If there was one thing Jeff Hasty loathed more than a slow horse, that thing was certainly a slow train.
Jeff was fitted with one of those great big roomy brains which, like an elephant's appetite, requires to be nourished on quantity rather than quality.
With Jeff, a vulgarly large helping of speed was preferable to a generous assortment of scenic splendour.
Jeff had long since persuaded himself that slow horses were meant to provide sport for fools, while slow trains were intended for the transport of slow horses.
On one occasion, Jeff had posted a letter on a slow train, and six months later, it came back to him from the dead letter office.
As a result of this marathonic experience, Jeff was never able to witness a man purchasing a ticket for the purpose of travelling in a slow train, without becoming involved in a host of morbid speculations as to the man's ultimate destination.
Jeff's first lesson in real speed was brought about by a remark made by Bill Buddle to the effect that a slow train on the right line would beat a fast motor on the wrong road.
To mention slow trains in the same category as fast motor cars was the one sure way of completely stirring Jeff Hasty's motor-superiority complex into action. It stung his sense of quickness to the quick, as it were.
On the occasion that Bill Buddle had made his remark concerning slow trains and fast motor cars, he had taken the opportunity of further animating the situation by announcing his preference, for a slow train that puffed along as against a fast motor car that petered out.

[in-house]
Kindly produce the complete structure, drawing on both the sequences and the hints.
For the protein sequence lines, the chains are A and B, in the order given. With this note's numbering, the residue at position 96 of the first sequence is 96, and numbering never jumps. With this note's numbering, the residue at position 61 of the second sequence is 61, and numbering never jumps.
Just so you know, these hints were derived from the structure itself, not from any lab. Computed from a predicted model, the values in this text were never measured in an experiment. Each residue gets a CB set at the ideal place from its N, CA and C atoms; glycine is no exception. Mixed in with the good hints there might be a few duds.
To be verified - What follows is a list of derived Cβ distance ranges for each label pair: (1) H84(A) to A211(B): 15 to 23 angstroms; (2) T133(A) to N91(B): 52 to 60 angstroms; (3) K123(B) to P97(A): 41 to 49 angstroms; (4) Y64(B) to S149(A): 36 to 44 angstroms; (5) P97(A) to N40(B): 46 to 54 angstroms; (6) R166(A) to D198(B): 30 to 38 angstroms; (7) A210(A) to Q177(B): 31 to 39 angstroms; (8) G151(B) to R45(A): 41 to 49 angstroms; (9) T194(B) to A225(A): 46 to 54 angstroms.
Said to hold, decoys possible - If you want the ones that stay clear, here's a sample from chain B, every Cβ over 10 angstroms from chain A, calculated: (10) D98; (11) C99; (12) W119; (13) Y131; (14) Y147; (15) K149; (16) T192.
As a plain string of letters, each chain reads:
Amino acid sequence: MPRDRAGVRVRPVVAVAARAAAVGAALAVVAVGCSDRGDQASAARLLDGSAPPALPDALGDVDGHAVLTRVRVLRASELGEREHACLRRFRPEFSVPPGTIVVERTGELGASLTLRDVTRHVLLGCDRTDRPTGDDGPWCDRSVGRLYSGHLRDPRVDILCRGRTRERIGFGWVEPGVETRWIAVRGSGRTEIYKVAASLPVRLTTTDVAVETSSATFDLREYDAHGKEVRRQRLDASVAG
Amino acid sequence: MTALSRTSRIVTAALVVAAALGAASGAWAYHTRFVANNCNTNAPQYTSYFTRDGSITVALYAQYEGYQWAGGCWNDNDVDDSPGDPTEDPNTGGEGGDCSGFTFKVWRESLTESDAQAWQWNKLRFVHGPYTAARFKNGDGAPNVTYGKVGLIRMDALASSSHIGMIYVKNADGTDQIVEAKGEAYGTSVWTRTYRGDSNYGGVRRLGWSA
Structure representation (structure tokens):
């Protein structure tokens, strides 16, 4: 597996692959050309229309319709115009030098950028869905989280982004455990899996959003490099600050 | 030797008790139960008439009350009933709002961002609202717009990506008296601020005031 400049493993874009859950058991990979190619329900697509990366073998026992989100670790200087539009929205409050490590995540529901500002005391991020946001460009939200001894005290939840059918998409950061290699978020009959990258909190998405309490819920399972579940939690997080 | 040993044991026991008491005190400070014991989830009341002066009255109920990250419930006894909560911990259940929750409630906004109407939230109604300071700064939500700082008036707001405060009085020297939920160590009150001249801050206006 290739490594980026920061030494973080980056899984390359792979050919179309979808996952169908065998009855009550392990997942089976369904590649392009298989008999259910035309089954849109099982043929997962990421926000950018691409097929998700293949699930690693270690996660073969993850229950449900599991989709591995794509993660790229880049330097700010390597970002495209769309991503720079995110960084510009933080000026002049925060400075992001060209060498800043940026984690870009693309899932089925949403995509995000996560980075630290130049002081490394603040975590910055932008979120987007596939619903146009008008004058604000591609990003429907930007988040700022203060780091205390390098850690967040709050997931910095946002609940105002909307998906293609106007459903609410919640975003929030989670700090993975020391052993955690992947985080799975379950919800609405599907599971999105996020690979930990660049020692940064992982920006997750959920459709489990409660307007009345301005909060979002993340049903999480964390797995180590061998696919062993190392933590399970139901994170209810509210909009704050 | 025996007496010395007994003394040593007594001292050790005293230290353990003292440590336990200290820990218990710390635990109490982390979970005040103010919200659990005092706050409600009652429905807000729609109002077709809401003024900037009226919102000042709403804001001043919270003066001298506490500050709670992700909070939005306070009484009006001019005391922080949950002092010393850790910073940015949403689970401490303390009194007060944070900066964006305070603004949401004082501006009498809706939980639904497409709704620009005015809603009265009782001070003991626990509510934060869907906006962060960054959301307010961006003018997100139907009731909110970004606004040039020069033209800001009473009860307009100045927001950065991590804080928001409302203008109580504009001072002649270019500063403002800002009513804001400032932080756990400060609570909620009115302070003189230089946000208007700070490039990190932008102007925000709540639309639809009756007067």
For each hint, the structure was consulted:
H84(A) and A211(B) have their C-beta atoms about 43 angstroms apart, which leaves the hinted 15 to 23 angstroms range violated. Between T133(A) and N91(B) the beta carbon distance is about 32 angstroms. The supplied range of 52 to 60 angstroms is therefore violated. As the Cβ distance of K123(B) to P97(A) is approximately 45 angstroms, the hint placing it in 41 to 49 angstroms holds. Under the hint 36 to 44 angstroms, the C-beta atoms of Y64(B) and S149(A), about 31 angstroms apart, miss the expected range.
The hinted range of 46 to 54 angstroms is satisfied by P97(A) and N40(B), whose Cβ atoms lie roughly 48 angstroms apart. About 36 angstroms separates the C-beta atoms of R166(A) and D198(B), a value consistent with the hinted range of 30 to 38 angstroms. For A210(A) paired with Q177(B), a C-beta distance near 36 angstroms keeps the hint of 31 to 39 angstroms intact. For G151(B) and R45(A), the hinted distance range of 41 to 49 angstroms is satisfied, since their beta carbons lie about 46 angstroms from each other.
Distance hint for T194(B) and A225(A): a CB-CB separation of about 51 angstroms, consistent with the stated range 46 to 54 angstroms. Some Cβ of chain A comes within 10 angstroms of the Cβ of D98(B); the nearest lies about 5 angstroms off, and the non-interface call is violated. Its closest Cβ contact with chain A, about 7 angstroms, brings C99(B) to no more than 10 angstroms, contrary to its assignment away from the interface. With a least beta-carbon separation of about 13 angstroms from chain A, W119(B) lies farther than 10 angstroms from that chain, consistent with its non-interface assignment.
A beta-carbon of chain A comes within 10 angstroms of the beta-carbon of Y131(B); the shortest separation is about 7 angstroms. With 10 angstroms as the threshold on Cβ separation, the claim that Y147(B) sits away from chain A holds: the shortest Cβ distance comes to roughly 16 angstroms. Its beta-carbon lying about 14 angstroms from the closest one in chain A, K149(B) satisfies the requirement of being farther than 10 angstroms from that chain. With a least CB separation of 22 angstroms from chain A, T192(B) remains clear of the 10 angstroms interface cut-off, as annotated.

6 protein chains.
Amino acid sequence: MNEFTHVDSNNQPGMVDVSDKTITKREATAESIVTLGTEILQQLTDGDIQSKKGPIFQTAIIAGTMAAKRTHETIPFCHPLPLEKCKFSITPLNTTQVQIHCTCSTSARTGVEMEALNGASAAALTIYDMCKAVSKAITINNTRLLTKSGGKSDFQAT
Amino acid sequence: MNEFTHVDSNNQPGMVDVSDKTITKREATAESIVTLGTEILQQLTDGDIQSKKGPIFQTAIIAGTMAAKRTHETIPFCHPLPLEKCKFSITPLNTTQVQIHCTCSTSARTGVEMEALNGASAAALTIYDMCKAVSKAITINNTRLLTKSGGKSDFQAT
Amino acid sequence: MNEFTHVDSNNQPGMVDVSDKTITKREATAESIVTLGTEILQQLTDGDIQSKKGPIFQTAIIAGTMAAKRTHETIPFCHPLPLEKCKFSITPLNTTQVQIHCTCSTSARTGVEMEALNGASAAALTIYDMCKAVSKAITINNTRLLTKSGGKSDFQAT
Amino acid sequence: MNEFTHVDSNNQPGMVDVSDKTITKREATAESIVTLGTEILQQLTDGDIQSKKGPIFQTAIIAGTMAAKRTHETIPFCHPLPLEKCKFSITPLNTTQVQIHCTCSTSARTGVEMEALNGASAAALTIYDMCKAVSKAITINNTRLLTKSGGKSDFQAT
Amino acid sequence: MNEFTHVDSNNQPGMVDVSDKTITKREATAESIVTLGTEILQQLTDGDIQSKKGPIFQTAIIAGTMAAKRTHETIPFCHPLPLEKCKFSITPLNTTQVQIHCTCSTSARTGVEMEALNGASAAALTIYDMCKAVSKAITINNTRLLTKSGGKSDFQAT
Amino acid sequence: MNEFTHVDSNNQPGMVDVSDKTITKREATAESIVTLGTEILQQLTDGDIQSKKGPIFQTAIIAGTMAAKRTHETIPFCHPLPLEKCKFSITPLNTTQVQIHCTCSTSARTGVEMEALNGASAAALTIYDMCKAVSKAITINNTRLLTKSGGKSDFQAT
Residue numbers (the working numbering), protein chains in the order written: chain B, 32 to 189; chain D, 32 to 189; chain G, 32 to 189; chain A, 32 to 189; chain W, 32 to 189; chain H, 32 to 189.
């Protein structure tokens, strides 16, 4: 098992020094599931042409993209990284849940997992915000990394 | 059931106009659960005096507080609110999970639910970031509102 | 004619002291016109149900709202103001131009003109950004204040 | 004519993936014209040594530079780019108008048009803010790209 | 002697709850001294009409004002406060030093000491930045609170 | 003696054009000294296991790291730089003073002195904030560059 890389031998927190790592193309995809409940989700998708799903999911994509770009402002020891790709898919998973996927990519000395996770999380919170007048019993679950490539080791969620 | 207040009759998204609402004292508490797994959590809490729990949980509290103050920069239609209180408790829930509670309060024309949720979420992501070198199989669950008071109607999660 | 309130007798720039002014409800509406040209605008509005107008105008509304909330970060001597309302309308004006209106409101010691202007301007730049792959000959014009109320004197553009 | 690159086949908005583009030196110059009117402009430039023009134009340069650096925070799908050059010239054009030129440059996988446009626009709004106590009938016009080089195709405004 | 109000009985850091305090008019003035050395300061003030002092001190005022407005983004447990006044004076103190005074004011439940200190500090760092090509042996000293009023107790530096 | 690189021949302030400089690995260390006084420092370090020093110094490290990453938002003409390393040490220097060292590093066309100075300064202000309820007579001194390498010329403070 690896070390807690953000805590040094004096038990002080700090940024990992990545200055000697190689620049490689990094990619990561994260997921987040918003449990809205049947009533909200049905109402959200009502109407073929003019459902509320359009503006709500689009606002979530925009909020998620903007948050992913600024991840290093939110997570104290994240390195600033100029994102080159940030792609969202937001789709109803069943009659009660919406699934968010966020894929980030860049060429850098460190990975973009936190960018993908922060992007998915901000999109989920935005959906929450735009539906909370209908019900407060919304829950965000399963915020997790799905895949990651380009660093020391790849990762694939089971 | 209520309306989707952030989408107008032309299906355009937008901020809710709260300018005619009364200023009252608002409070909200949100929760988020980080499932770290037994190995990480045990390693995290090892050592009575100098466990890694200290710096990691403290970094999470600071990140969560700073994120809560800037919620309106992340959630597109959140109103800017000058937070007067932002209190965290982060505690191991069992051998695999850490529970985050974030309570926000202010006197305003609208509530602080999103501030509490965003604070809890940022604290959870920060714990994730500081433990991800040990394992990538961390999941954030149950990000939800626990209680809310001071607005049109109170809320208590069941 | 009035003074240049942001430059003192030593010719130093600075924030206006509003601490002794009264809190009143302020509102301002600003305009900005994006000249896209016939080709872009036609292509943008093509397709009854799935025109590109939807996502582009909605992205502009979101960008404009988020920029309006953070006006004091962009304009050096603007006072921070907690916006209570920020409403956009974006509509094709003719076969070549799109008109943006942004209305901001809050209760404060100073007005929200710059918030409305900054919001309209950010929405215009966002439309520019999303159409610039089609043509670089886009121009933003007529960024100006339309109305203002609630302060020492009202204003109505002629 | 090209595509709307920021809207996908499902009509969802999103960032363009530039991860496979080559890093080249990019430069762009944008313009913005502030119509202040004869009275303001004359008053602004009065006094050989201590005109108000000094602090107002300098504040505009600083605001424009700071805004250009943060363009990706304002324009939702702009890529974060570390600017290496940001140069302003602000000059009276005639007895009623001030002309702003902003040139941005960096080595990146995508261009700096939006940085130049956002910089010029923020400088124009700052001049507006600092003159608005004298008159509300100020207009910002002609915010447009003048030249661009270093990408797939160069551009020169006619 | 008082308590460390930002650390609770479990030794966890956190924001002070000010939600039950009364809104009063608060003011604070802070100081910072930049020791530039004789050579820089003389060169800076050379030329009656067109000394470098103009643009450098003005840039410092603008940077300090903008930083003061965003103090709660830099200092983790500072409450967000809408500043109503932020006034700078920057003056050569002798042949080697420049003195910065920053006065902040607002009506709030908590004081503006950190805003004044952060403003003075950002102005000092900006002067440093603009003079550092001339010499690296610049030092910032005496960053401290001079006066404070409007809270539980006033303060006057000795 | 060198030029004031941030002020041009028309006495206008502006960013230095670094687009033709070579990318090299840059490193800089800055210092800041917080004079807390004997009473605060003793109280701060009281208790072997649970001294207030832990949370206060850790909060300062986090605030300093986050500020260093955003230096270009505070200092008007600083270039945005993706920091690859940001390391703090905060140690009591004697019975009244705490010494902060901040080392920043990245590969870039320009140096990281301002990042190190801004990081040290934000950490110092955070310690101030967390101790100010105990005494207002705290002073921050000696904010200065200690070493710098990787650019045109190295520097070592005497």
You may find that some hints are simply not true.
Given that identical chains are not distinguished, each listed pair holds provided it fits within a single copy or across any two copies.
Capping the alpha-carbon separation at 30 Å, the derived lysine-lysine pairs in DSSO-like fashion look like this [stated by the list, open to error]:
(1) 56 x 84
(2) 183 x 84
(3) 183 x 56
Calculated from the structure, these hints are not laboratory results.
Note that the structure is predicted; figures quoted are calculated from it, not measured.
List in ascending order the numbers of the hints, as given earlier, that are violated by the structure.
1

This, of course, was too much for any selfrespecting speed-merchant, so, to prove that Bill Buddle belonged to the type of gentleman in whose company it is folly to be wise, Jeff Hasty undertook to give the slow train an hour's start and beat it to its destination by another hour.
When Jeff started off in his high-powered, low-geared, peak-priced “Tootlebeam,” he was as full of confidence as the tank was empty of motor spirit. Jeff, however, was not long in summing up the petrol position, and as he turned back for the purpose of filling the tank with petrol, he took the opportunity of prefacing page 19 the operation by filling the air with profanity.
So, as the slow train puffed and grunted up the incline, Jeff's “Tootlebeam” purred along the road in good style.
After purring for about five miles, however, the “Tootlebeam” developed “engine trouble.”
“Engine trouble,” it should be explained, is nothing more or less than the result of trying to make a slow car do a fast journey.
One motor in a hundred is built for speed. The other ninety-nine develop “engine trouble” attempting to head it.
It is impossible for one slow train to pass another slow train on a narrow line. Hundreds of motorists die in the attempt to prove that it is possible for one fast motor to pass another fast motor on a narrow road.
When Jeff Hasty reached his destination, the whole of his confidence had leaked out, and a creepy despairing feeling had leaked in. Staring him in the face was the miserly fact that his one chance of success hinged on the possibility of a slow train having developed “engine trouble.”